Skingsley: Should the Riksbank issue e-krona?

  • Date:
  • Speaker: Deputy Governor Cecilia Skingsley
  • Place: FinTech Stockholm 2016
“Will we have e-krona in an e-wallet in the future, as naturally as we now have a wallet with cash in it? The less those of us living in Sweden use banknotes and coins, the clearer it becomes that the Riksbank needs to investigate whether we should issue electronic money as a complement to the money we have today.” This was the message from Deputy Governor Cecilia Skingsley, speaking at FinTech Stockholm on Wednesday.
Skingsley: Should the Riksbank issue e-krona?

Today almost everyone has access to the internet via computers, smartphones and tablets and the conditions are therefore good for launching more electronic forms of payment. "If the market can make use of the new technology to launch new and popular payment services, why shouldn't the Riksbank be able to do the same?" continues Ms Skingsley.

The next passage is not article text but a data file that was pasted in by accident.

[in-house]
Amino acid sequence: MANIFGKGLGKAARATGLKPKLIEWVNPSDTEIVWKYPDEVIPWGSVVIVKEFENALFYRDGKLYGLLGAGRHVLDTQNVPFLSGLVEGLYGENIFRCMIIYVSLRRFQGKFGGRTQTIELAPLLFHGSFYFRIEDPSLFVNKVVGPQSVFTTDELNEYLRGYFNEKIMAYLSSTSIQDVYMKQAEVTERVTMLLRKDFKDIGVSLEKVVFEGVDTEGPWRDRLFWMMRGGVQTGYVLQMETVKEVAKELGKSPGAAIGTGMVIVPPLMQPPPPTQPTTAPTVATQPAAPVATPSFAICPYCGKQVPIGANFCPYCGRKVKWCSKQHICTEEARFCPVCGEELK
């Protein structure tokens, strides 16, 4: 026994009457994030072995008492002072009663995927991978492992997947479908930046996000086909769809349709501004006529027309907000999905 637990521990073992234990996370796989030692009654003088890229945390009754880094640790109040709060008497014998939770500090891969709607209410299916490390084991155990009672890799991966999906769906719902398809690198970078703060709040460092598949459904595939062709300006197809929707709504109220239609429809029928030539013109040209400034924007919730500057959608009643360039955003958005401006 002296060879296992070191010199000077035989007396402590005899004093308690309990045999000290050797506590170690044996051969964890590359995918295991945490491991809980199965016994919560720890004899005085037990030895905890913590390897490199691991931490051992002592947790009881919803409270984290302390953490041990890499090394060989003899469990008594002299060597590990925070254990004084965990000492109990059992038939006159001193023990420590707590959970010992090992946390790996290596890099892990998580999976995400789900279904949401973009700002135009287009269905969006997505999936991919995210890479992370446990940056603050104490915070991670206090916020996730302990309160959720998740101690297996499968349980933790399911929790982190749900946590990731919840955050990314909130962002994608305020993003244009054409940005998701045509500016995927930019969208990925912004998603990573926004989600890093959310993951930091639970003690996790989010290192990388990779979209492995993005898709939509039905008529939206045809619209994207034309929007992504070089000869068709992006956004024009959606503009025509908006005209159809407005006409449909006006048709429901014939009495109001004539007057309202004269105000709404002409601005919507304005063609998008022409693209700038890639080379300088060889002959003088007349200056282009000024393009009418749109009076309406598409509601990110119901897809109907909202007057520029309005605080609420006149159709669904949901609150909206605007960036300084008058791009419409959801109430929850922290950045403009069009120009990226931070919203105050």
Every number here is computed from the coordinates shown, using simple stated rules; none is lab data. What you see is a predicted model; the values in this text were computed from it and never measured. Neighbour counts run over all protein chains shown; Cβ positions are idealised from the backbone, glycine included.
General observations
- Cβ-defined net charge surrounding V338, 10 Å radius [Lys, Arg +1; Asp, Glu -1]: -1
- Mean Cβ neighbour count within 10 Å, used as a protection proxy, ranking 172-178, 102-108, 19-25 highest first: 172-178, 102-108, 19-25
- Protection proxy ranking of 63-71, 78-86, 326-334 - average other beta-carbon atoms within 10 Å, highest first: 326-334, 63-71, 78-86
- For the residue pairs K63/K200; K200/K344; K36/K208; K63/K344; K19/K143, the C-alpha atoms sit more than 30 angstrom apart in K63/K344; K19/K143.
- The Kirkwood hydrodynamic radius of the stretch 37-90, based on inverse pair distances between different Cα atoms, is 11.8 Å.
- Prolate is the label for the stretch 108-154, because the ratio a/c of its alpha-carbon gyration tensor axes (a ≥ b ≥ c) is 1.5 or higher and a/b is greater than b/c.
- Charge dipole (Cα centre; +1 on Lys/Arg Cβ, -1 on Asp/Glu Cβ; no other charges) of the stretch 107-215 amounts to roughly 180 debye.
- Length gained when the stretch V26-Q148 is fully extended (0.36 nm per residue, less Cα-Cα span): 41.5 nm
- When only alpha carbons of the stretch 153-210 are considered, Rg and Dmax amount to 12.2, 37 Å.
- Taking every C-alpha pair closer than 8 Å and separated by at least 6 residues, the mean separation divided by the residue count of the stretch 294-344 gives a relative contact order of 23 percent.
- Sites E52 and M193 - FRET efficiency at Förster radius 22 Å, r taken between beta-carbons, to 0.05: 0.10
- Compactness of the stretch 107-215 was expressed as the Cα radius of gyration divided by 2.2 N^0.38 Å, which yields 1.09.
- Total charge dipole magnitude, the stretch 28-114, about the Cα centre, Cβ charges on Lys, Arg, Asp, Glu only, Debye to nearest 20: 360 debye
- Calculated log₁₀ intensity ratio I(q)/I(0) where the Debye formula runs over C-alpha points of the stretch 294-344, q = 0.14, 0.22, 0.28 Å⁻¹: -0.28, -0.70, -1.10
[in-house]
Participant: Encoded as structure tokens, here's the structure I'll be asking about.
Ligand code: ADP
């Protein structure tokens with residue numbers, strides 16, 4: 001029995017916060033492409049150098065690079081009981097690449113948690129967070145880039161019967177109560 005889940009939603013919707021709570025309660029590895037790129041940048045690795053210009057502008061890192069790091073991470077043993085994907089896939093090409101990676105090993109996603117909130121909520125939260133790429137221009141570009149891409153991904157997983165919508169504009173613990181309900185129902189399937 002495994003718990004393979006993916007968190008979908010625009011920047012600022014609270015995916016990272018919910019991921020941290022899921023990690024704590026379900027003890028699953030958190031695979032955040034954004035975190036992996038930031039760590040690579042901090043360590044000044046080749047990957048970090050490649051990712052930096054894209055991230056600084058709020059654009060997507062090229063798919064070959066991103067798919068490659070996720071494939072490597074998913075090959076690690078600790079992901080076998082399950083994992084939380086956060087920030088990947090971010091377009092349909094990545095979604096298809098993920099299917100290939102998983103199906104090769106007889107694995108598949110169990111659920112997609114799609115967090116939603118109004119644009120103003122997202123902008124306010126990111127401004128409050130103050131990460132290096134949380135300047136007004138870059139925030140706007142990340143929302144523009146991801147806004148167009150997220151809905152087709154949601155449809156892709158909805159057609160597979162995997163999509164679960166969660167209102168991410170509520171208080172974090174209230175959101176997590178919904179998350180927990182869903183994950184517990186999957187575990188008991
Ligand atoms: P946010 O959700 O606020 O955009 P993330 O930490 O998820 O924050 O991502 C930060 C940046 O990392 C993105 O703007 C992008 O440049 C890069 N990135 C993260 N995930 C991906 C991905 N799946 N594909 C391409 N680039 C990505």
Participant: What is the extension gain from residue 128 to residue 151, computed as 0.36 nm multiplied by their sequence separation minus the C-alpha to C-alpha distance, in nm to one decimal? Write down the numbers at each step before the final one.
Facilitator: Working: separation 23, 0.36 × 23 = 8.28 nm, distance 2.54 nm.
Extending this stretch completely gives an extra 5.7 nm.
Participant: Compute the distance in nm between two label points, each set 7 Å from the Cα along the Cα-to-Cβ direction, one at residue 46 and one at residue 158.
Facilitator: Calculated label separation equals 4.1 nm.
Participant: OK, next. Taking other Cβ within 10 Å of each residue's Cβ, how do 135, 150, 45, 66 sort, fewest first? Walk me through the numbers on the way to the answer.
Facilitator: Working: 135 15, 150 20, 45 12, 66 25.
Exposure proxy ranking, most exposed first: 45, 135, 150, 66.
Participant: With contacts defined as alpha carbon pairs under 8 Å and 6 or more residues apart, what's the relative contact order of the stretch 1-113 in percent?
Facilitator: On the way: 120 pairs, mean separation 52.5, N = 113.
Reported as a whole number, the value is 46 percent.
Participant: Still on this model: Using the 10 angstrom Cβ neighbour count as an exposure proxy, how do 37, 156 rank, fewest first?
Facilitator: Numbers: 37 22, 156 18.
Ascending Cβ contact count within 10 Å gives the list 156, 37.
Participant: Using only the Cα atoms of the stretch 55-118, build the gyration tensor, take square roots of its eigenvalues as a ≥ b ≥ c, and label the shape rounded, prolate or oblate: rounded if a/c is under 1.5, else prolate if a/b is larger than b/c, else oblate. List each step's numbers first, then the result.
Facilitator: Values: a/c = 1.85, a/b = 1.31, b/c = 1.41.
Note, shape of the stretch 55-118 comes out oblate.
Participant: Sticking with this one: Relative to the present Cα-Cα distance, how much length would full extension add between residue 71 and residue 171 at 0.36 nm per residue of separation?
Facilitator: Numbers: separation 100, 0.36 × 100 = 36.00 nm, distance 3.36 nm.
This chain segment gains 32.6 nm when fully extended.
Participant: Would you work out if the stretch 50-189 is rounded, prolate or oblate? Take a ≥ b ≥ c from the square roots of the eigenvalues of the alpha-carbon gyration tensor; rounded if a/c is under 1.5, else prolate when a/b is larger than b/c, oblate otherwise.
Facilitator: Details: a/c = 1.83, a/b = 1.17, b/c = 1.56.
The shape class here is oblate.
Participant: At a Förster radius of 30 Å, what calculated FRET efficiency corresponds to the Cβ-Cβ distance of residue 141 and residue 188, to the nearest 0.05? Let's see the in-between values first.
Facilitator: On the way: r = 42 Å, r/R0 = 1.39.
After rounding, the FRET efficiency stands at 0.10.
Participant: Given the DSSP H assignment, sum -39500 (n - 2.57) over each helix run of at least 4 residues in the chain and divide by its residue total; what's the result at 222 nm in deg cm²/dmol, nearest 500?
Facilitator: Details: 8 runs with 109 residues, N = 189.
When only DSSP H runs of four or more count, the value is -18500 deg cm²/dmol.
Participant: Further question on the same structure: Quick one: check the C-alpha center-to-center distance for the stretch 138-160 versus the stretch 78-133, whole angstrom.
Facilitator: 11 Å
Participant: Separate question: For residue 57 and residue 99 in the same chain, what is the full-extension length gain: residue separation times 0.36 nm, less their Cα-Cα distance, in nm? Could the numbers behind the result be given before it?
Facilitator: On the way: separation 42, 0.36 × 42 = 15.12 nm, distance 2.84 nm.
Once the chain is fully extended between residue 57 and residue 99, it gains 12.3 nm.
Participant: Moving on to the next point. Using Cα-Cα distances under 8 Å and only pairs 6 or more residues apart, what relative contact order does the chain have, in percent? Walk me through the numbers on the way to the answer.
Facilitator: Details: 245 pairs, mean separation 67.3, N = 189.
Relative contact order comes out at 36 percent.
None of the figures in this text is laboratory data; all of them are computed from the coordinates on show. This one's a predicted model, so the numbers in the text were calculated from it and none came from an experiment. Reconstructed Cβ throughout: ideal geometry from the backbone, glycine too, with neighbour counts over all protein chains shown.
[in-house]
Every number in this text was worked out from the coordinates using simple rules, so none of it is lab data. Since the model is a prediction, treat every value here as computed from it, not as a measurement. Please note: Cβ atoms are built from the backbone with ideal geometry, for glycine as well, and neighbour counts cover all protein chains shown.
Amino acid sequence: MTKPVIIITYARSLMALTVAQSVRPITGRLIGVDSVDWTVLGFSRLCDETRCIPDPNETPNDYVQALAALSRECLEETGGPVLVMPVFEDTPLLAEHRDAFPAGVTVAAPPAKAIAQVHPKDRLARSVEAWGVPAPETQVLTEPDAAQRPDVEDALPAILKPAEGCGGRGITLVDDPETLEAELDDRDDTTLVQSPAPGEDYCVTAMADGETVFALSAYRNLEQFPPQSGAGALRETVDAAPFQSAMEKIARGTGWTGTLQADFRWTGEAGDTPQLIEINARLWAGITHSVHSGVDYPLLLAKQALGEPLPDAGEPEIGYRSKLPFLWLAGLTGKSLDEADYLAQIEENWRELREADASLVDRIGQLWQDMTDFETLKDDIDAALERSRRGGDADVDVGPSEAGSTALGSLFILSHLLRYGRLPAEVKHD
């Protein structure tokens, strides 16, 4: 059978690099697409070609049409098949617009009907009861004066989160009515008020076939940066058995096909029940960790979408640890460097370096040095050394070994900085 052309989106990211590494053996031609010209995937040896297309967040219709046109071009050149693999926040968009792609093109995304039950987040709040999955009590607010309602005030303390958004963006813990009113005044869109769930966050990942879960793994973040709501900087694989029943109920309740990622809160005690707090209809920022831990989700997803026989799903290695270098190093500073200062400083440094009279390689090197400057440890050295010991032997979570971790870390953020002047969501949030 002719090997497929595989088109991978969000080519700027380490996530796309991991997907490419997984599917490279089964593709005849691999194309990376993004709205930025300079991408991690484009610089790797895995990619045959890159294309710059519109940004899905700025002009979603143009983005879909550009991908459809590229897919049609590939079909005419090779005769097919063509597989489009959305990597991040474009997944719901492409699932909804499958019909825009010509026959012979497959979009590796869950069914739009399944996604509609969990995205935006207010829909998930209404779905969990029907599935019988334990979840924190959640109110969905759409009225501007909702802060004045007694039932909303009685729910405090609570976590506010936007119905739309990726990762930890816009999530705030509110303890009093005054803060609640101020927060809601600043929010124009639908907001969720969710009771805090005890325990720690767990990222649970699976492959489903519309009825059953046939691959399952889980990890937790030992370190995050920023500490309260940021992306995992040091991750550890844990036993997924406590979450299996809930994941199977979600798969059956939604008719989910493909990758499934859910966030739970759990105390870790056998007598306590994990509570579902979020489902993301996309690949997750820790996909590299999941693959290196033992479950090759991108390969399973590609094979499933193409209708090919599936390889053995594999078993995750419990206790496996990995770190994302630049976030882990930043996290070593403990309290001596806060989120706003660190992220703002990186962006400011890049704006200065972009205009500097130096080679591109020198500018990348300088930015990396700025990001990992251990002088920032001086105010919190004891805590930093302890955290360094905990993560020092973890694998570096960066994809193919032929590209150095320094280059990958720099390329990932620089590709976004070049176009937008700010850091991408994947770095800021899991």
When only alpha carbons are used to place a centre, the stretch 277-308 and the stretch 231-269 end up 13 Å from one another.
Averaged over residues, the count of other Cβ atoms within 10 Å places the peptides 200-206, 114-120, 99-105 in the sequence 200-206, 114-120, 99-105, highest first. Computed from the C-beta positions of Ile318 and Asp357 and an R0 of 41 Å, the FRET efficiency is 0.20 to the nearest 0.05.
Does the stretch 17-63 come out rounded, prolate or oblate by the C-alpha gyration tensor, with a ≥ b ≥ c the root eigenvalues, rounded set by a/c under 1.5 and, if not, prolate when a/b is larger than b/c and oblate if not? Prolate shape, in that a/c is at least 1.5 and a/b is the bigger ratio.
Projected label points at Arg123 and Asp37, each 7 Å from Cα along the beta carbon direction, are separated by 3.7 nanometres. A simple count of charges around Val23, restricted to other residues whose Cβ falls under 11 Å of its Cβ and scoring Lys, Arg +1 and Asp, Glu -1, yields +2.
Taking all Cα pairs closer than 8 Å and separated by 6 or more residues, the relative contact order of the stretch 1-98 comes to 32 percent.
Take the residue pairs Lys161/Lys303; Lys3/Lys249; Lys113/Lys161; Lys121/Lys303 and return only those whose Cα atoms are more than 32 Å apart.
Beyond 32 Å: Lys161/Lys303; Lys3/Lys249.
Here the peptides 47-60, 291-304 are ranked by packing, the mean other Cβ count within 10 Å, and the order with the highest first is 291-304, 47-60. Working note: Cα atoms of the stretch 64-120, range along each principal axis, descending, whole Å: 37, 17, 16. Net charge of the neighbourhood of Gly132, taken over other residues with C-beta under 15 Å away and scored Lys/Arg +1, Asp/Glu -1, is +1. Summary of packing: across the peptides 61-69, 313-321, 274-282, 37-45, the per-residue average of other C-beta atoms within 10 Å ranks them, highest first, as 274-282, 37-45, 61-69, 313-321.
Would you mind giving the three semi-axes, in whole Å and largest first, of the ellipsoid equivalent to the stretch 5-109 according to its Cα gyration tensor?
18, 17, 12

Moreover, there may be a need among the general public and companies to have access to money issued by the central bank, that is the Riksbank, in a future where cash is used less than it is today. "Even those living in Sweden who do not want to, may not or cannot have access to the banks' services should be able to manage their payments," said Ms Skingsley.

She pointed out that the Riksbank has not taken a decision on issuing e-krona. First, the Riksbank needs to investigate a number of technical, legal and practical issues. "The declining use of cash in Sweden means that this is more of a burning issue for us than for most other central banks. Although it may appear simple at first glance to issue e-krona, this is something entirely new for a central bank and there is no precedent to follow," said Ms Skingsley.

She also emphasised that if the Riksbank chooses to issue e-krona, it is not to replace cash, but to act as complement to it. "The Riksbank will continue issuing banknotes and coins as long as there is demand for them in society. It is our statutory duty and we will of course continue to live up to it," concluded Ms Skingsley.

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